Sam Edney has been appointed as high-performance manager at Luge Canada ©Getty Images

Olympic silver medallist Sam Edney has been tasked with passing on the baton to the next generation of Canadian luge athletes as he becomes high-performance manager at Luge Canada.

Edney retired after claiming silver in the mixed team event at Pyeongchang 2018 but has been a trailblazer during two decades at the top of his sport in Canada.

"I’m absolutely thrilled to have the opportunity to have a positive impact on the future of our sport in Canada," said Edney.

"I know the work that goes into the process of developing a medal-winning programme, and now I get to be a part of the team that works extremely hard on the other side to support our athletes and coaches. 

"The dream remains the same. I am now motivated to give our athletes the opportunity to achieve their own performance goals and get our program back onto the Olympic podium."

Edney competed at four Olympic Games and won one World Championship silver - at Whistler in 2013 - and two bronze medals.

Canada's silver medallists Alex Gough, Sam Edney, Tristan Walker and Justin Snith pose on the podium during the medal ceremony at Pyeongchang 2018 ©Getty Images
Canada's silver medallists Alex Gough, Sam Edney, Tristan Walker and Justin Snith pose on the podium during the medal ceremony at Pyeongchang 2018 ©Getty Images

Edney is excited to pass on his experience as the level of expectation of world podiums becomes the norm for luge supporters in Canada.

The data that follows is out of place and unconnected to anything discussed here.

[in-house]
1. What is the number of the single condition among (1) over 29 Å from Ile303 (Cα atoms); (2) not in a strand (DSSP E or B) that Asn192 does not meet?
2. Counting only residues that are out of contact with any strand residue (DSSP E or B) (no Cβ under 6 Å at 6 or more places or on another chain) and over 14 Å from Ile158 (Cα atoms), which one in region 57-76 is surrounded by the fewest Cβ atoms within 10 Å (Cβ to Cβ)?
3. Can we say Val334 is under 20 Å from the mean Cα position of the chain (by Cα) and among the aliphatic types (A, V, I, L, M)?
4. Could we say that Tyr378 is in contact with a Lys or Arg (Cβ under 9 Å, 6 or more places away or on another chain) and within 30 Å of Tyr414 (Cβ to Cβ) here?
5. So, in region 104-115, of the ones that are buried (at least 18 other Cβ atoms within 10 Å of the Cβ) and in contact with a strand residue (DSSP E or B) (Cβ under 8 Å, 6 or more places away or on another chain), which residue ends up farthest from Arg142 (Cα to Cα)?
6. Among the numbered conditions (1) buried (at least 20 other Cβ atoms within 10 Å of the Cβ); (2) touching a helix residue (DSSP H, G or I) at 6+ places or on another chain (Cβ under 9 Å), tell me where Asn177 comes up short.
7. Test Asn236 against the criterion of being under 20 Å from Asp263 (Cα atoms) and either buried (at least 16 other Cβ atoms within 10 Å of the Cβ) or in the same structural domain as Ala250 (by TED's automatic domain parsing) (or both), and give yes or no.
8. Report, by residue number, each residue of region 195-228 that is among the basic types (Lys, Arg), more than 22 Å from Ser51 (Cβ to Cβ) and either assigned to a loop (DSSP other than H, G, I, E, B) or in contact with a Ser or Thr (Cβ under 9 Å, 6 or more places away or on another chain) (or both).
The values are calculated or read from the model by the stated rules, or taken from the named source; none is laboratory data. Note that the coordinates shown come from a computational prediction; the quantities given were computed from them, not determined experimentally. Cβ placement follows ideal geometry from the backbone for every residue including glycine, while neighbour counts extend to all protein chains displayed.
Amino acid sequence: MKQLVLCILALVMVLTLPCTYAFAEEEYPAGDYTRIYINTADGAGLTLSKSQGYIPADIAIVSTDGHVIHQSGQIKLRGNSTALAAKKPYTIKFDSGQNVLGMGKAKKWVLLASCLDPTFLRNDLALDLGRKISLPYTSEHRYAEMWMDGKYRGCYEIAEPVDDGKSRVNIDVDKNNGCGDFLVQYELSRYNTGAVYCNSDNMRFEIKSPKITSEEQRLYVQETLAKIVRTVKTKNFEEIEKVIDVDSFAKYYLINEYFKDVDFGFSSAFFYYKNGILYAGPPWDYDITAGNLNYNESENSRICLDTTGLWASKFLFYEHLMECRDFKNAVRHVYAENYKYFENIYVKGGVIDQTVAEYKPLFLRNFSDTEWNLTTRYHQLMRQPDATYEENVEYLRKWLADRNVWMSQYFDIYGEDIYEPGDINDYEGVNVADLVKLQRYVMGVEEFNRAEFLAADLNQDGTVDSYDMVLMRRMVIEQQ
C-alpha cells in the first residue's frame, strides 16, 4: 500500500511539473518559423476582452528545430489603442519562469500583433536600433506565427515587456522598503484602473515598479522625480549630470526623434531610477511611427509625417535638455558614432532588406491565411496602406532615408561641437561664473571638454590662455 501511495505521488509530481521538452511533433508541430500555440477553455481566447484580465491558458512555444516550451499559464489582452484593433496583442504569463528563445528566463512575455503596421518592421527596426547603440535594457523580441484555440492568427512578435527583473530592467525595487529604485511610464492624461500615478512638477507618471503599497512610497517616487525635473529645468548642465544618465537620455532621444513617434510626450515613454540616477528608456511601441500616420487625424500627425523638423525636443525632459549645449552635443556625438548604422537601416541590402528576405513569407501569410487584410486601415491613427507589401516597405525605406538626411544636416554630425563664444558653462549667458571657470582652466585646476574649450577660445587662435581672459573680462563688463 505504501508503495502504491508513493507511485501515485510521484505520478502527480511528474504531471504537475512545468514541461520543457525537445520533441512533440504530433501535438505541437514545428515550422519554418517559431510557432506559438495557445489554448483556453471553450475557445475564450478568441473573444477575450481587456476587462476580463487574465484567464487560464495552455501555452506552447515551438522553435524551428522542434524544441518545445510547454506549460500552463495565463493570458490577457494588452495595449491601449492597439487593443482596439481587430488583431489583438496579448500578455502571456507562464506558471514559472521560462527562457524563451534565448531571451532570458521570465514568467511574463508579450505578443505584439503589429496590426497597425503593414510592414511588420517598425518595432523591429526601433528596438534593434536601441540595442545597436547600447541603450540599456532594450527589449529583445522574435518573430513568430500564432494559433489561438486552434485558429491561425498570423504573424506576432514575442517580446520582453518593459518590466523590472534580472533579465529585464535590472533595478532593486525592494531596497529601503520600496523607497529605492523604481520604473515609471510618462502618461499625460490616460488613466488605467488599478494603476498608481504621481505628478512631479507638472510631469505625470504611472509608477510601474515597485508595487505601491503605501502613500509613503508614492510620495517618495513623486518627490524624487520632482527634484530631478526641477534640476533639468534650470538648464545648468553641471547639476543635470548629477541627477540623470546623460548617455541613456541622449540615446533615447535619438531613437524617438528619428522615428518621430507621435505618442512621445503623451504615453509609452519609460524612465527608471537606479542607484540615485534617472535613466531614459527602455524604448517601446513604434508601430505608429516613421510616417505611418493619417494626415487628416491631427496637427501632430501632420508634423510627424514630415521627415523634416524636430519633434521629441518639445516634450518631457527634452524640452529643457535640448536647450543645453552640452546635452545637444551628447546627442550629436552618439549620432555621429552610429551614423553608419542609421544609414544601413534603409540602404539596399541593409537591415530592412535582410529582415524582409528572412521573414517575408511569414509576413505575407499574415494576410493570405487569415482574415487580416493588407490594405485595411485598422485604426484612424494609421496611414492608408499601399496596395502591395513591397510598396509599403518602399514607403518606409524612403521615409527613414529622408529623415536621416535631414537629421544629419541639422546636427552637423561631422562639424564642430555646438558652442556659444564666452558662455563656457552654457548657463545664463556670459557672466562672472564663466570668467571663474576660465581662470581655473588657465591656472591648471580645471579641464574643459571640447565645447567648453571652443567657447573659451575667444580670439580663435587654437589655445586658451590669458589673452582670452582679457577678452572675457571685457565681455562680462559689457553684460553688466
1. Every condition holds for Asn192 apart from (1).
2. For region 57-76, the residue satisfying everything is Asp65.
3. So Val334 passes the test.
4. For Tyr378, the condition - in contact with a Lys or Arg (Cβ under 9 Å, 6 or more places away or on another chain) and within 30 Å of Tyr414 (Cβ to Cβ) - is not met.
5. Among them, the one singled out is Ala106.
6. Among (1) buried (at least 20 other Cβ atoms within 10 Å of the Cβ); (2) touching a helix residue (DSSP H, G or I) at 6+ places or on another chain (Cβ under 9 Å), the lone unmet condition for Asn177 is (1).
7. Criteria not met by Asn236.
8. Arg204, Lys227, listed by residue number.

He added: "I know there is already a strong mentality in our elite programme with my former team mates Tristan Walker and Justin Snith leading the way.

"I look forward to continuing to work with them, but I’m almost more excited with the opportunity to help shape the future of our younger athletes.

"The bar has been set and there are obviously some shoes to fill."

Edney claimed it was an exciting challenge for young athletes to take the step to the next level in a bid to achieve collective goals.

"I know what the athletes are going through, and the challenges they face," Edney said. 

"I will share my experiences and I hope to be able to plant that medal-winning drive, and belief the podium is possible, much sooner in the athletes’ development process."

Edney, the first Canadian male to win a World Cup race in the sport, led the men's squad for eight years before his retirement and claimed 15 World Cup medals.

Luge Canada executive director Tim Farstad claimed it was Edney's professional nature and awareness of what it takes to win that made him the ideal candidate for the high-performance manager position.

"His track to the podium was long and gradual, loaded with devastation and celebratory moments," Farstad said. 

"Our programme is now beginning a new era. 

"He understands the patience and time investment required to build a medal-winning programme. 

"I know he will grow in his new role with our programme and I am confident he can transfer the knowledge gained as an athlete to ensure luge in Canada continues its success well into the future."

Edney will relocate to Calgary to begin his new role in August, where he will work with Luge Canada’s national sport and funding partners along with head coach Wolfgang Staudinger and support staff,